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Einstein Telescope as unifying example at teachers’ day

How do you inspire secondary school teachers to bring state-of-the-art physics into the classroom? During the Physics Teachers’ Day at Eindhoven University of Technology, researcher Gideon Koekoek shows how diverse areas of physics come together in the theory behind the Einstein Telescope.

“Welcome to an afternoon about cutting edge physics.” Speaking to an auditorium full of physics teachers is Gerrit Kroesen, a professor of physics at Eindhoven University of Technology (NL). There, Kroesen leads an extensive programme to improve the connection between secondary schools and further education. On 26 March, that means a special afternoon for 50 secondary school physics teachers. They will gain inspiration during workshops, laboratory visits and lectures on the most exciting modern research.

Gideon Koekoek vertelt deelnemers aan de TU/e docentendag over de centrale rol van licht in de natuurkunde. Credit: Photodette
Gideon Koekoek talking about the central role of light in physics at the TU/e teachers’ day. Credit: Photodette


The theme of the teachers’ day is light, from applications like computer chips using light instead of electricity, to etching minute transistors, or taking pictures of a black hole. In his keynote lecture, gravity wave researcher Gideon Koekoek (Maastricht University and Nikhef) explains how deeply light is intertwined with other parts of physics. The trigger: a critical student.

Koekoek: “Our teaching methods present physics as free-standing subfields, each for its own subject. Instead, I wanted to show the deep connections that make all these rules form a coherent whole. That is the real power of physics.”

Kritische leerling

Top level secondary school students already get a taste of Einstein’s theory of relativity in the classroom. A theory full of brain teasers, such as clocks that slow down and lineals that shrink as they pass at a speed close to that of light: 299,792,458 metres per second.

The extended version of the theory of relativity states that gravity too is nothing but a distortion of spacetime. Bring enough force to bear, such as during a collision between black holes, and spacetime can even ripple with waves that head out into the universe. Exactly the phenomenon that Koekoek wants to investigate with the Einstein Telescope and about which he talks at the Einstein Telescope Education Centre (ETEC) in Kerkrade (NL). But how do you explain the theory of relativity to high school students in the first place?

“I spent a few years in front of the classroom myself,” Koekoek tells his colleagues. “But when I gave my class the standard introduction to relativity theory, one student countered. ‘Why does the speed of light have such a central role in the theory of relativity? And why do the formulas also apply to phenomena that do not involve light?’ Frankly that student was right; your proof has to be solid. So I set out to make that link clear. Want to follow along?”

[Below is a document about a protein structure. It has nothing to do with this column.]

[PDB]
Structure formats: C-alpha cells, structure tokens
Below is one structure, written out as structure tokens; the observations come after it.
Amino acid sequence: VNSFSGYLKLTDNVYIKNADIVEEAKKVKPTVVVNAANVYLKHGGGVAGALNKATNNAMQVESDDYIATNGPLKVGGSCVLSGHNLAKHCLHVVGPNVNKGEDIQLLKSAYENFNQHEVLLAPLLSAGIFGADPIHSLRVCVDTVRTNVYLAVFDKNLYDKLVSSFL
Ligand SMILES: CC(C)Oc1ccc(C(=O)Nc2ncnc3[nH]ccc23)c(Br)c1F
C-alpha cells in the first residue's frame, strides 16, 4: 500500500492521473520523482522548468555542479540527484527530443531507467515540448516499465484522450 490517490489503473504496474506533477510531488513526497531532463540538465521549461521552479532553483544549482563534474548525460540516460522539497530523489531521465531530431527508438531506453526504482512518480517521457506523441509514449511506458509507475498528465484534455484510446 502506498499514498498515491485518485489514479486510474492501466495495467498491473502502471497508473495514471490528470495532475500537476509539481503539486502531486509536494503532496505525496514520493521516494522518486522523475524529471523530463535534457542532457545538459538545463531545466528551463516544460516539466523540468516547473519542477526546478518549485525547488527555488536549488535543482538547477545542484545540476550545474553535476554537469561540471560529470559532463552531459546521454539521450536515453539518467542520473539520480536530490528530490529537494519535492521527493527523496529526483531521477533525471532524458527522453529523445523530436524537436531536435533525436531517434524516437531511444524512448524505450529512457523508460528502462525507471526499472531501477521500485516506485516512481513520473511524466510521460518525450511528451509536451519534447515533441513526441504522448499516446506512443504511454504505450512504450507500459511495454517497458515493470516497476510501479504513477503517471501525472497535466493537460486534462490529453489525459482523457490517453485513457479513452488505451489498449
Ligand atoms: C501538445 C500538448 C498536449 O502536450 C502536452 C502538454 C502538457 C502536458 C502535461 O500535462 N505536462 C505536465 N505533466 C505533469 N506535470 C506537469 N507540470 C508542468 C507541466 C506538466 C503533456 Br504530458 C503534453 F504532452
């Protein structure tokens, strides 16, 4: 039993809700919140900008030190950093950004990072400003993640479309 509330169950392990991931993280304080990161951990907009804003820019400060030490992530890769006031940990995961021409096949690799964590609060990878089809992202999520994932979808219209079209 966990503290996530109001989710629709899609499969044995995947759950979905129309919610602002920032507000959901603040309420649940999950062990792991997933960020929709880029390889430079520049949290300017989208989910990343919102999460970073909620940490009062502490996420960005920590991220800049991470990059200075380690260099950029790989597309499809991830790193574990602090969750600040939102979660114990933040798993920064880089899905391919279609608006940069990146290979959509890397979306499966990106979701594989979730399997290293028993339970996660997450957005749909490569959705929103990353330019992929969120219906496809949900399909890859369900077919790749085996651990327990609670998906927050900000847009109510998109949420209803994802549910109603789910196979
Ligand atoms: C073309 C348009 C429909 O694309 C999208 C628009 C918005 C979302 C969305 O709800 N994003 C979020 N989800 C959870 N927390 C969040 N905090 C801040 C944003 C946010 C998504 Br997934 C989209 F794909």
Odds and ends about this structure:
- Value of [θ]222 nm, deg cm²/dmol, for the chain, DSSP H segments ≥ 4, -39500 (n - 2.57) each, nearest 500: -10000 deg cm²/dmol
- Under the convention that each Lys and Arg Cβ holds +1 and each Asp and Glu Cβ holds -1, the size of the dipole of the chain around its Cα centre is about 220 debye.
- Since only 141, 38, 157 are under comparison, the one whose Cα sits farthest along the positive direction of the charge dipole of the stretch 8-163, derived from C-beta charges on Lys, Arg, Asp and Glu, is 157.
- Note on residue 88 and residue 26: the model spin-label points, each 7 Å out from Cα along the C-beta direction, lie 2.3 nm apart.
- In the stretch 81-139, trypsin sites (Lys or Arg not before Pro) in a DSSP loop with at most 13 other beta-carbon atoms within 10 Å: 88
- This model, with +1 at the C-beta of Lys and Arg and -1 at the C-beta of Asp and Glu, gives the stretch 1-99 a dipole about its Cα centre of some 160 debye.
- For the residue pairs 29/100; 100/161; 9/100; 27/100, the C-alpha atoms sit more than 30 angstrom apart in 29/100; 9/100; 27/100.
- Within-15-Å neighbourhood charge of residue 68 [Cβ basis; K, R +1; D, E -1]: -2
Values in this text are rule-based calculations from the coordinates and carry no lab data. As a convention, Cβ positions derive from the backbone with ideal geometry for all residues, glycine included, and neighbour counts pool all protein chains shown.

What follows is a lightning-fast lecture. Using props such as balloons and stuffed animals, Koekoek proves that the theory of relativity does not fall from the sky, but is already hidden in Newton’s theory of motion. Even the central role of the speed of light, which Einstein included in his theory as an assumption, can be deduced from other natural laws with a bit of calculation: “From the formulas you see that the universe must have a maximum speed. And you can prove that with high school mathematics! I’ll share my work so you prove this yourself with your students.”

Laboratoriumbezoek tijdens docentendag Technische Universiteit Eindhoven. Credit: Photodette
Laboratory visit at the TU/e physics teachers’ day. Credit: Photodette

One example

Too spicy for the classroom? On the contrary – participants to the teachers’ day seemed inspired. They are left with examples from the lectures and laboratory visits that they can use in class to explain what you can do with physics later on. As the chair of the event, Gerrit Kroesen is also satisfied: “This talk was challenging, but also was a beautiful demonstration of the coherence of physics. That’s what you can convey to the next generation.”

“We’ve all known that one teacher who made the difference,” says Kroesen: “that’s also how I got here myself. If every participant in this teachers’ day takes home just one example of modern physics that they can use in the classroom to inspire their students, I am very satisfied.”

Education centre

For those interested in learning more about the theory of relativity, gravitational waves and the Einstein Telescope, there is good news. With the help of Gideon Koekoek, the Discovery Museum in Kerkrade (NL) is developing the new Einstein Telescope Education Centre (ETEC), with teaching materials for secondary schools. The doors will open after the summer of 2024.

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